Drawing on more than a decade of research in secret Pentagon files and extensive interviews with American veterans and Vietnamese survivors, Nick Turse reveals for the first time how official policies resulted in millions of innocent civilians killed and wounded. In shocking detail, he lays out the workings of a military machine that made crimes in almost every major American combat unit all but inevitable.
How did a prisoner of war survive six years and eight months of soul-crushing imprisonment in the Hanoi Hilton during the Vietnam War? By writing poetry. And how did he do it without pencil or paper?
Then-Captain John Borling "wrote" and memorized poems to keep his mind sharp and spirits up. He shared his creations with fellow captives by their only means of communication—the forbidden POW tap code. Rapping on the cell walls with his knuckles, he tapped poems, certainly of pain and despair, but also of humor, encouragement, and hope, to keep everyone’s strength and spirits alive.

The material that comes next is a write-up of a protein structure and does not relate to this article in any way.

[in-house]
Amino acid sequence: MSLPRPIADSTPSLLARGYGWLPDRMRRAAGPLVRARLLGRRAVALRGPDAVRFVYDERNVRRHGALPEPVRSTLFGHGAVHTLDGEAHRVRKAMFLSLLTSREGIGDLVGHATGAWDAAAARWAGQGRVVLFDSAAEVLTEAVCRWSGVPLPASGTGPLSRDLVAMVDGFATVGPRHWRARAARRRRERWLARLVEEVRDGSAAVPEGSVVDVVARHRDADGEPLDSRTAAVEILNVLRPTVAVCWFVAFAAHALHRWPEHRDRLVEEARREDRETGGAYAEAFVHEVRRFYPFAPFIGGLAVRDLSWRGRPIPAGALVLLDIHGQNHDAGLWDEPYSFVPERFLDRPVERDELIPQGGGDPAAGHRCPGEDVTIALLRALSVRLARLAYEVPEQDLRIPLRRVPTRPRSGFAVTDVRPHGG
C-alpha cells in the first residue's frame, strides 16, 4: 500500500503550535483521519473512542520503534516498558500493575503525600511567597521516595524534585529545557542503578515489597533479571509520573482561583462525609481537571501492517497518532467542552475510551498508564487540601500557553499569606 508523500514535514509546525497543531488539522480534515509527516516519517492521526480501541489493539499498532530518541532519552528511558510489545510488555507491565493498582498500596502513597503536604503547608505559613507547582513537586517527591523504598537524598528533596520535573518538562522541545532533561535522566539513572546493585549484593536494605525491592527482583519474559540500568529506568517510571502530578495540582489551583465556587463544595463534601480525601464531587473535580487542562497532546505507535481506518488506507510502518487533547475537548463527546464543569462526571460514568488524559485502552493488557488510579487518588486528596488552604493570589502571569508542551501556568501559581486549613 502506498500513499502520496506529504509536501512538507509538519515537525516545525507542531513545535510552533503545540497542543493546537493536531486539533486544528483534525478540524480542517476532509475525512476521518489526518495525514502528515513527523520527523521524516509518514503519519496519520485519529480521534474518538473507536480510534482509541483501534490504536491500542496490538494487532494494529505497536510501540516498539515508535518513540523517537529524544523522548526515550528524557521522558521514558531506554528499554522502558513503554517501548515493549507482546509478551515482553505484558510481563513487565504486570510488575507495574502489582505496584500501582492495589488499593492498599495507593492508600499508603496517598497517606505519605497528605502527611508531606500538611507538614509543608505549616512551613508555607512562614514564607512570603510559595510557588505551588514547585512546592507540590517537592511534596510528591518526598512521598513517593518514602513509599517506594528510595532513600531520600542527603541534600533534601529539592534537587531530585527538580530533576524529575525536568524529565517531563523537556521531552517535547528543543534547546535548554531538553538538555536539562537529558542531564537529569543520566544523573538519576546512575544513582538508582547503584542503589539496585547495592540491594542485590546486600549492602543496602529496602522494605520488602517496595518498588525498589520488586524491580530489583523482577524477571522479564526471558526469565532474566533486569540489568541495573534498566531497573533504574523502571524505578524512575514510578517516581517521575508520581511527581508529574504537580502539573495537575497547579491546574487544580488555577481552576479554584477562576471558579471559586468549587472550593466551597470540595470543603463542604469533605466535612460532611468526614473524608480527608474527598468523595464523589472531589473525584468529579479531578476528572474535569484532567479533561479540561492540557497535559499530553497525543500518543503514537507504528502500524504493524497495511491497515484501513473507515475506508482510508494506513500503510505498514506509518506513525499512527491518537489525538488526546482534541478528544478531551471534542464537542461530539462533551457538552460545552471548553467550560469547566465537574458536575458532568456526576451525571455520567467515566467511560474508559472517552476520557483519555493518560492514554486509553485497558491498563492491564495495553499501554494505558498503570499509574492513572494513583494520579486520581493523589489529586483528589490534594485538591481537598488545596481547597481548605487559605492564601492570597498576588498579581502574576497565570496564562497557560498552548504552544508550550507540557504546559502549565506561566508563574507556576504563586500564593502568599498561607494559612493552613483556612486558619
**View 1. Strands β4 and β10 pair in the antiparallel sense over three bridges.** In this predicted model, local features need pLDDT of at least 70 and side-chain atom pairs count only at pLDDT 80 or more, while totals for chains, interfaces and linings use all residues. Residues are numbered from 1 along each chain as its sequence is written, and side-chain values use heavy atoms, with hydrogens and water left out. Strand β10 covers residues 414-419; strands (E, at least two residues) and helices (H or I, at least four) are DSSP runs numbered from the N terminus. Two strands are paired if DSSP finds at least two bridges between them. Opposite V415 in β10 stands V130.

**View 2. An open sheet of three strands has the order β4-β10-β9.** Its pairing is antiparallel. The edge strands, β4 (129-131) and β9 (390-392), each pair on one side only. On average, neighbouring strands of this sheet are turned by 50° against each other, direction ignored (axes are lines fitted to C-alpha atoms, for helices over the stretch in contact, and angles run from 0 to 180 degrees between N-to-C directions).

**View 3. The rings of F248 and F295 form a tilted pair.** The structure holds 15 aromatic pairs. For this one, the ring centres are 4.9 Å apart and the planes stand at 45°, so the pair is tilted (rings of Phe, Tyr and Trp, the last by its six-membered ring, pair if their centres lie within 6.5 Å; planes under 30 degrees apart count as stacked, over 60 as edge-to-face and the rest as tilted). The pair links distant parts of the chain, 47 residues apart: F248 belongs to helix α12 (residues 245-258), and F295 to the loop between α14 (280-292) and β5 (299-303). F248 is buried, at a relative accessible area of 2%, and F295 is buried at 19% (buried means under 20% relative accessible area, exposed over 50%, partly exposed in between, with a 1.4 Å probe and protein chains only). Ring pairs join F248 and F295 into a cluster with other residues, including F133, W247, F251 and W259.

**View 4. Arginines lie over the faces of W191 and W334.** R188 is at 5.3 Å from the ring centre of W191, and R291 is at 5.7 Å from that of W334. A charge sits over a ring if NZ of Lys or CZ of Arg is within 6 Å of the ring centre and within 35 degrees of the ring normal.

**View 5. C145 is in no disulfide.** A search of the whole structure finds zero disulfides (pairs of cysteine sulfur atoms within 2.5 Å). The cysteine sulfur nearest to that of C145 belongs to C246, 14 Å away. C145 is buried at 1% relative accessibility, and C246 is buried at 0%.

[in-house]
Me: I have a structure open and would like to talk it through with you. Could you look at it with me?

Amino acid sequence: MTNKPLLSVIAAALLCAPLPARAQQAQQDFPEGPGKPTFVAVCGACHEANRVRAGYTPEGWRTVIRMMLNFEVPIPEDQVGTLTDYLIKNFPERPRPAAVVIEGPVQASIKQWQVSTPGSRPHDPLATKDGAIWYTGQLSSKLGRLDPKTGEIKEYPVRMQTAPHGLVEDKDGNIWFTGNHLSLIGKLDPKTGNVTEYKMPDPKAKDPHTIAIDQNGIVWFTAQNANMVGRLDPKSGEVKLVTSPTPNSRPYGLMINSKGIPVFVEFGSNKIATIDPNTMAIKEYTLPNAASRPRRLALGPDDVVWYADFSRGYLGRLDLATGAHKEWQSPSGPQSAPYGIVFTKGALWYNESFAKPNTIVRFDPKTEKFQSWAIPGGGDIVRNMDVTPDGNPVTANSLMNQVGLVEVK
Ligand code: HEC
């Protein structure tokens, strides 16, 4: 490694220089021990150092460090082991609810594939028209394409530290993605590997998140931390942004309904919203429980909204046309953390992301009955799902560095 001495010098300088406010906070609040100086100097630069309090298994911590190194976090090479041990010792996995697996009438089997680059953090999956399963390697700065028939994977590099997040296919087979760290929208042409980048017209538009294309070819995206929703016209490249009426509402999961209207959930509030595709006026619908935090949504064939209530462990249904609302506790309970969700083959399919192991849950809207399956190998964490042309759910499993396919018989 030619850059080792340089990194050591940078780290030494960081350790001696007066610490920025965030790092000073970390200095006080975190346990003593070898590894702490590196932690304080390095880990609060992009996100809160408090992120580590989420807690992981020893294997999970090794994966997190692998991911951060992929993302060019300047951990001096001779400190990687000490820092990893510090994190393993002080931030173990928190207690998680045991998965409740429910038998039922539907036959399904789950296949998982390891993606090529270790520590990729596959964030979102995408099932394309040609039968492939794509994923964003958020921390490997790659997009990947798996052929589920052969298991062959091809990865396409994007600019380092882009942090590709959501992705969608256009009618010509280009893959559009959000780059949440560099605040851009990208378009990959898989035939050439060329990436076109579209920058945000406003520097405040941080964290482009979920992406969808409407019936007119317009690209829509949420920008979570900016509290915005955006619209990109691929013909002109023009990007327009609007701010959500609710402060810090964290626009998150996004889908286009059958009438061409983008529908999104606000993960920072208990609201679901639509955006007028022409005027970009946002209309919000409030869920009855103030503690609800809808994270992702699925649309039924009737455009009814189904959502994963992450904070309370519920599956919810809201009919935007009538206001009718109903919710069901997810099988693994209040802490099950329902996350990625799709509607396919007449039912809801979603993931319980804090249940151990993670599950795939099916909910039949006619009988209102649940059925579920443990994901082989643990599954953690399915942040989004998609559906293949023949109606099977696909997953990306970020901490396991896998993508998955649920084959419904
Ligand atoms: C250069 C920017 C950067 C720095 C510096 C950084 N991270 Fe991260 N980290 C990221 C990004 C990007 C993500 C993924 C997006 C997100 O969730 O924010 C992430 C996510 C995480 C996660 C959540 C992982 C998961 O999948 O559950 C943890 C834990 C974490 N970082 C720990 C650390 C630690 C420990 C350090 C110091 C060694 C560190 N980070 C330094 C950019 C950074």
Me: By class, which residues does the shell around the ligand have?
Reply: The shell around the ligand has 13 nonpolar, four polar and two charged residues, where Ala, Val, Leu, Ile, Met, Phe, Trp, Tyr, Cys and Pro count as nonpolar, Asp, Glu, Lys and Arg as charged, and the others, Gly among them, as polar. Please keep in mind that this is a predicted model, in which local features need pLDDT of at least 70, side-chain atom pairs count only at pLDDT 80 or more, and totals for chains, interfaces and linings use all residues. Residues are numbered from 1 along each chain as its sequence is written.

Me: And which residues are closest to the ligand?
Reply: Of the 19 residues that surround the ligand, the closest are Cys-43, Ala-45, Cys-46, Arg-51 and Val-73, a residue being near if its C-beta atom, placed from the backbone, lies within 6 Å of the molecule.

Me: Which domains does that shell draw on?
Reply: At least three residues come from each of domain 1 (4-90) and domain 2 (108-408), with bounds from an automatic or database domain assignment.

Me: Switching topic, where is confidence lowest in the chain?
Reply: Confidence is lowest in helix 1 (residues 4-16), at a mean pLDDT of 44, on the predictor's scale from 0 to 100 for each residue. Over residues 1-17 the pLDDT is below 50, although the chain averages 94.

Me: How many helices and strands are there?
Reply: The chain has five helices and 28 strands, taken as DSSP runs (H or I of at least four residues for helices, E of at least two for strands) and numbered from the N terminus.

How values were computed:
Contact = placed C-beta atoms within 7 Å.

Malcolm W. Browne, a former Associated Press correspondent who snapped a photo of a Buddhist monk's self-immolation that shocked the Kennedy White House into a re-evaluation of its Vietnam policy, has died. He was 81.
His wife, Le Lieu, says Browne died Monday night at a hospital in New Hampshire, not far from their home in Thetford, Vt. He had Parkinson's disease for more than a decade.
Browne was the only foreign journalist at the scene when an elderly monk was doused in aviation fuel in Saigon in June 1963 and set himself aflame.